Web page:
Mailing List Message #14733
From: Bill Cole <>
Subject: Re: SMTP Delay
Date: Sun, 22 Aug 2004 17:18:04 -0400
To: SIMS Discussions <>
At 11:16 AM -0700 8/21/04, Warren Michelsen  imposed structure on a stream of electrons, yielding:
In the past, on this list, it's been suggested that having too many
RBL entries was causing too long a delay in accepting mail.

'too long' is so judgmental....

I note that an increasingly popular anti-spam tactic these days is
to add an SMTP Delay. Some server admins report a 40% drop in spam
with a 30-second delay. So...


Is this delay right at the very start, before accepting an initial
SMTP connection? Or is it just a delay after the connection is
established but before the mail is accepted -- like the delay
introduced by the use of too many RBLs?

Just about any delay works. The delay from SIMS doing a lot of DNSBL lookups is in a good place.

Either way, I'm wondering if I might be better off adding more RBLs
to my SIMS server. Will less patient spammers quickly give up and go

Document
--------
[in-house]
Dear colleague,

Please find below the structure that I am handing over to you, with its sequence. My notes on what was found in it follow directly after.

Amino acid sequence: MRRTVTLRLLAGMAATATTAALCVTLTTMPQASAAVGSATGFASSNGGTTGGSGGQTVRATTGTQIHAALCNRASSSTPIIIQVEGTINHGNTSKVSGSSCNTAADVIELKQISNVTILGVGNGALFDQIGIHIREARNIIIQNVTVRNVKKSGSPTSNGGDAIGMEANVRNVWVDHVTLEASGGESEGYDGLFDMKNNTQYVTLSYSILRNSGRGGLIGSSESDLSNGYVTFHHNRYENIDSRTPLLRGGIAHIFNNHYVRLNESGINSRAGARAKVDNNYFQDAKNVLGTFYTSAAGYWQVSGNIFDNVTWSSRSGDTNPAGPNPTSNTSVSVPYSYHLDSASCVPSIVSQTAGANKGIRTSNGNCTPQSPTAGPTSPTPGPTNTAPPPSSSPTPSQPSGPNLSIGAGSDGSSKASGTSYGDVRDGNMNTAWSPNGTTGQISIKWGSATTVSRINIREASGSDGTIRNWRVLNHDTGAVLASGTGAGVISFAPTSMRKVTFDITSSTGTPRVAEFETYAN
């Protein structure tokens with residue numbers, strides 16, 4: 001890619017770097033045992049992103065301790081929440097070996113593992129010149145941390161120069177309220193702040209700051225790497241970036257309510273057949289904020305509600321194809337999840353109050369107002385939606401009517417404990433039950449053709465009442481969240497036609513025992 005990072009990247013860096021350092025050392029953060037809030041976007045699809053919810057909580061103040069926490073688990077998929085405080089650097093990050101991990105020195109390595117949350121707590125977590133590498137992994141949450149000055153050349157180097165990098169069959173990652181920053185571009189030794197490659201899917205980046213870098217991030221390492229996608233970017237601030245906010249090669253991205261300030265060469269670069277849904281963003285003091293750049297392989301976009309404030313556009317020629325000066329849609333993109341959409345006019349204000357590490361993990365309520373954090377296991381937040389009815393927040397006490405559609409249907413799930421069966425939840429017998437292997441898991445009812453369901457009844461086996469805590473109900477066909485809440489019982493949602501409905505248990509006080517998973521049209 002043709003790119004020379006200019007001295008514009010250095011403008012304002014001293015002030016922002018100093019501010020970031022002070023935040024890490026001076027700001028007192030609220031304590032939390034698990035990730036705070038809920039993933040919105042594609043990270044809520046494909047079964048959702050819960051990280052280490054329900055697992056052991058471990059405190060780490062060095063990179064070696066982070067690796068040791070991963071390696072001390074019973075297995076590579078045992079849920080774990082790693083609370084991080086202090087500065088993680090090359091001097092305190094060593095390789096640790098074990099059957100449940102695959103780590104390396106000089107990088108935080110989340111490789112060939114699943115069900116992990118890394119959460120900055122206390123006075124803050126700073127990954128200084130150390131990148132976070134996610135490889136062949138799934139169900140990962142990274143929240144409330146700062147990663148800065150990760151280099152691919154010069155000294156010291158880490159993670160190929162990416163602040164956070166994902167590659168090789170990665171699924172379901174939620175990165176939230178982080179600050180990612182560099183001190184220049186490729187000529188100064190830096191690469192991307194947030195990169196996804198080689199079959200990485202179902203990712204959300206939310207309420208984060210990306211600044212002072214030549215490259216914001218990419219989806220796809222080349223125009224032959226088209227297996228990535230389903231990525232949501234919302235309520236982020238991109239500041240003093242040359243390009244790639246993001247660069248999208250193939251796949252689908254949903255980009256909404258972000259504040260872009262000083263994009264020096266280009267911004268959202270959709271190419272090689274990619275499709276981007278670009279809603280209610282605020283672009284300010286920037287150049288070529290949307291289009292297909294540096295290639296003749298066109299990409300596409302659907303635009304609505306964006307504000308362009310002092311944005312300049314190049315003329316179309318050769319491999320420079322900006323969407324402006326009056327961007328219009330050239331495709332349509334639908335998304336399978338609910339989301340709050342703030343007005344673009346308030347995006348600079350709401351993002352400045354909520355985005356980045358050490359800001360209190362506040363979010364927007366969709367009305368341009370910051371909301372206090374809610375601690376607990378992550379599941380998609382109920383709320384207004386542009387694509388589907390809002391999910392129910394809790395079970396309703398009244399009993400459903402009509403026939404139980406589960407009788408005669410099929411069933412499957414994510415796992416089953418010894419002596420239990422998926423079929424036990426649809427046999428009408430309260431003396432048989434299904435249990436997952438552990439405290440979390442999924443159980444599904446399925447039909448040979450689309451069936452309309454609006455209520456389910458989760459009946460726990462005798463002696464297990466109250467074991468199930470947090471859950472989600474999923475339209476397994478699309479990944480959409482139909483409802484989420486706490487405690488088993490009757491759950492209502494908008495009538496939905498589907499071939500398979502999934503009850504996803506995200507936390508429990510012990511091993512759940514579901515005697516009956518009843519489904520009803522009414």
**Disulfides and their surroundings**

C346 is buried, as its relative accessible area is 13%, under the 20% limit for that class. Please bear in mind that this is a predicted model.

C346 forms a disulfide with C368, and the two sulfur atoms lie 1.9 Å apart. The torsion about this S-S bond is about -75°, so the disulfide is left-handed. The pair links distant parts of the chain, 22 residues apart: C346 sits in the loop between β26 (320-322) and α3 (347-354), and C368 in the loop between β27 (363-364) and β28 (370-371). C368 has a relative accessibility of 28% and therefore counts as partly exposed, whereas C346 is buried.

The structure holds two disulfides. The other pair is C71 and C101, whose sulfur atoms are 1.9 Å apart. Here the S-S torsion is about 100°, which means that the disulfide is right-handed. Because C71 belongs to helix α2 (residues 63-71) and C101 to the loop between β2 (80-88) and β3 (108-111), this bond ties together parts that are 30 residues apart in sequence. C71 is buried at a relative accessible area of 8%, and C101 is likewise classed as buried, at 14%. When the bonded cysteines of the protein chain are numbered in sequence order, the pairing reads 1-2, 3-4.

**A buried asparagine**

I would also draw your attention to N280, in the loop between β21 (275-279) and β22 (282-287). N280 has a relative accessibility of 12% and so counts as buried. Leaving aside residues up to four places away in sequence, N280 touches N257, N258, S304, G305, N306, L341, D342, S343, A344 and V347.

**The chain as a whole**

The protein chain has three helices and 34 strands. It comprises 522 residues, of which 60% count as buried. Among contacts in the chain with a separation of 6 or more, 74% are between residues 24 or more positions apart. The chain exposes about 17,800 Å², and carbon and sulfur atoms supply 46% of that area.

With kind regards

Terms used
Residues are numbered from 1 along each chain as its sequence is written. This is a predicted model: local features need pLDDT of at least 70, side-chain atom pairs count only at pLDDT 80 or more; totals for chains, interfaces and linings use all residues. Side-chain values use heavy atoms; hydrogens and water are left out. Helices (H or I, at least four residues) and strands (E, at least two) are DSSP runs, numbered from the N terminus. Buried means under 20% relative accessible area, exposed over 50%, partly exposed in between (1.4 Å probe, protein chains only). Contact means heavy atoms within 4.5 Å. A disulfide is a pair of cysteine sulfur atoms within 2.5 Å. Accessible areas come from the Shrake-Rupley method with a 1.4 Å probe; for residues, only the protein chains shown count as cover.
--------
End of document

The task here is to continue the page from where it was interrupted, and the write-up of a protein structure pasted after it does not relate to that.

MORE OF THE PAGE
Yes, but you have to find ones worth using. There are hundreds out there, but some are very high-risk garbage.

Does SIMS in fact wait for responses from each RBL that is queried?

Yes. SIMS does not read from the connection for the HELO until it has checked all lists.

If so, I'm thinking that it might be possible to write a short delay
daemon that I can run on my OS X box, whose only purpose is to
respond to a RBL lookup with a not-blacklisted response -- after a
delay of 30 seconds.

That should work.

I then add the address of this daemon to my RBL list and thereby
implement a 30-second delay which SIMS is otherwise not capable of.
(Or would caching of responses cause this to fail?)

Is there a way to add a SMTP delay to SIMS or to achieve the same effect?


Will adding more RBL entries help to reduce spam (quite apart from
additional RBL hits) by introducing a delay?

Yes. I see scores of timeouts at that point every day even though I rarely take more than 10 seconds to respond to HELO.

Finally, will adding a delay just cause spammers to move more
quickly to secondary MXs for my domains?

They MIGHT try that, but the spammers who bother with secoondaries at all are going their first anyway...

Bill Cole

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